• How has the field of business research evolved? Has it improved or deteriorated with time?
    In the early fifties, business education was more akin to vocational training than to science. Some schools of commerce featured courses on basic bookkeeping or best banking practices in their core curriculum. The Carnegie Foundation and the Ford Foundation criticized these courses for their lack of rigor and scholarly merit. Moving beyond just critique, these powerful foundations offered competitive grants to reinvent business education and imbue it with greater rigor and scholarly depth. Four centers of excellence were eventually funded (at Carnegie-Mellon, Harvard, MIT, and the University of Chicago), with economics identified as a common core academic discipline. Ever since, the field has beefed up its academic standing by promoting faculty with deep scientific roots. Over time, however, these scholars often took business research in directions no longer comprehensible or relevant to business students and managers. As the field moved toward more analytical approaches, borrowing from the physical sciences as well as statistics and computer science, academic respectability increased while practical relevance often took a back seat.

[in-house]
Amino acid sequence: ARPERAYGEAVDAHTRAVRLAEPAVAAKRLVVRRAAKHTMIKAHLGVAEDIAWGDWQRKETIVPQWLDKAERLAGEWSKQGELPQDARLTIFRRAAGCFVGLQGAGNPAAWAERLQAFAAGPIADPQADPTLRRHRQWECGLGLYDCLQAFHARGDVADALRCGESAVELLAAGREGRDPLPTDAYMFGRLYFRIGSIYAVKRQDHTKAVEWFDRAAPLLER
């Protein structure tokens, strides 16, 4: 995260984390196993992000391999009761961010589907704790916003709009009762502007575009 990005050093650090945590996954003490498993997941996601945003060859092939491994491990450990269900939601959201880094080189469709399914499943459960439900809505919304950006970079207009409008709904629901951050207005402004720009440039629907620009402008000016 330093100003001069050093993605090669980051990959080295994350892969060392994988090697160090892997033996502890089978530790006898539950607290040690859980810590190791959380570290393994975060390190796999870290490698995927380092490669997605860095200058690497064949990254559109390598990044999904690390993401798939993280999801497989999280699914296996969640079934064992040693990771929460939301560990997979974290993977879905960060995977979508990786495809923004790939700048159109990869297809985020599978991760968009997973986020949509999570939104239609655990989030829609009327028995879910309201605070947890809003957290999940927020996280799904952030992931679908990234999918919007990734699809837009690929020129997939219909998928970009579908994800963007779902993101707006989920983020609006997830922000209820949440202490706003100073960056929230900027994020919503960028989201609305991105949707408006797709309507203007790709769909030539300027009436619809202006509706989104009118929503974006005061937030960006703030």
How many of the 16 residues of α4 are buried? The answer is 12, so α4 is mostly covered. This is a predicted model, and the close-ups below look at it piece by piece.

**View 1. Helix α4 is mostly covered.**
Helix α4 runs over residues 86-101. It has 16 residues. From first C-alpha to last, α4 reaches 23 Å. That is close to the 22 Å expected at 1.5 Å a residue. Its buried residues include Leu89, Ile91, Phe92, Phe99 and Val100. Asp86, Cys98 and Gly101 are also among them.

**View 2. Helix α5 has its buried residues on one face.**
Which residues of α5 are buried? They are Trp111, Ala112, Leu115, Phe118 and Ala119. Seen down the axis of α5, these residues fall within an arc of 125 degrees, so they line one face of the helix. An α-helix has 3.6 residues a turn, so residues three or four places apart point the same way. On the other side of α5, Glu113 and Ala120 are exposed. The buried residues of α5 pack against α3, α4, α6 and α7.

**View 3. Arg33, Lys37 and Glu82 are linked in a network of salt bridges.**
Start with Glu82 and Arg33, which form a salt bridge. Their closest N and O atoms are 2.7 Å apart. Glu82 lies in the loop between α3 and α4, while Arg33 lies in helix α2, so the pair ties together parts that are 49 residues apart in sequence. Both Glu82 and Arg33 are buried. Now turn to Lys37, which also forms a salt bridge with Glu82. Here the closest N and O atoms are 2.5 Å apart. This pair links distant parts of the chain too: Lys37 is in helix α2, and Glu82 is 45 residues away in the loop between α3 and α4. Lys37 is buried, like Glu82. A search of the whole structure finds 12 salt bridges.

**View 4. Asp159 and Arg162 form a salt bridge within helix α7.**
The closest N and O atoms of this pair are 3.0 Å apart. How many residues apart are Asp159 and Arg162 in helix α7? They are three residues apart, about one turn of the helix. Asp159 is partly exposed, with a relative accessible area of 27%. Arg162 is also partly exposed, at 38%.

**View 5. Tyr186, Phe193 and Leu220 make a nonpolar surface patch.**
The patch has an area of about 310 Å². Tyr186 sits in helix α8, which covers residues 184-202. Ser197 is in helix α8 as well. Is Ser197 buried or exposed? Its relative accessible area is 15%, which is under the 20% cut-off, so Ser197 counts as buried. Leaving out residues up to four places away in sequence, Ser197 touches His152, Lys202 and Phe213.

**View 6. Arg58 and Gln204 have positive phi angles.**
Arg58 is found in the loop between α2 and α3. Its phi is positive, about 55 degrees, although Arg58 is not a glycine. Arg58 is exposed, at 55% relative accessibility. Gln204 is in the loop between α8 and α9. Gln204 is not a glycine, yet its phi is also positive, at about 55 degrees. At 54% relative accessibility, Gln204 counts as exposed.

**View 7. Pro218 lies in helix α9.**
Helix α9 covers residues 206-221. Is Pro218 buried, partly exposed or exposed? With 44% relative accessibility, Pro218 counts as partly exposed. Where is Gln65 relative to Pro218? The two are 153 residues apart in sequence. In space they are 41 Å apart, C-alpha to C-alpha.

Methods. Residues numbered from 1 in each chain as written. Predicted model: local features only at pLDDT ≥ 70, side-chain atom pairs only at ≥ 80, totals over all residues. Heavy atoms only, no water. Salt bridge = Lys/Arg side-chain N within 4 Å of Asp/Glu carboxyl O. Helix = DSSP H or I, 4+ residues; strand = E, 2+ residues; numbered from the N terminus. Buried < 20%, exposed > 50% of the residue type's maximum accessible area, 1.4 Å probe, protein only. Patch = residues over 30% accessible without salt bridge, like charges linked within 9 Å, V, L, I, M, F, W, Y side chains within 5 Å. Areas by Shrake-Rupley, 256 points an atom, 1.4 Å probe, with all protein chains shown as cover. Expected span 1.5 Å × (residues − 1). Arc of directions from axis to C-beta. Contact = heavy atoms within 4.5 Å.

• Has the excessive use of mathematical tools in business research shifted the focus away from real-time business situations?
    The mathematical models underlying the leading researches generally tend to focus more on well-defined problems rather than the uncertainties of the real world. Heavily influenced by the academic discipline of economics, which often suffered from physics envy, business scholars were preoccupied with equilibrium solutions and optimality theorems in which analytic elegance could truly shine. Business research focused on static economic models while paying insufficient attention to the dynamic nature of business, the crucial role of knowledge, the internal structure of the firm, the seminal role of entrepreneurship, and a focus on stylized markets rather than social networks.

  • Has the time come for business schools to revitalize their approach towards business education and research? How can they stay relevant amidst changing business conditions?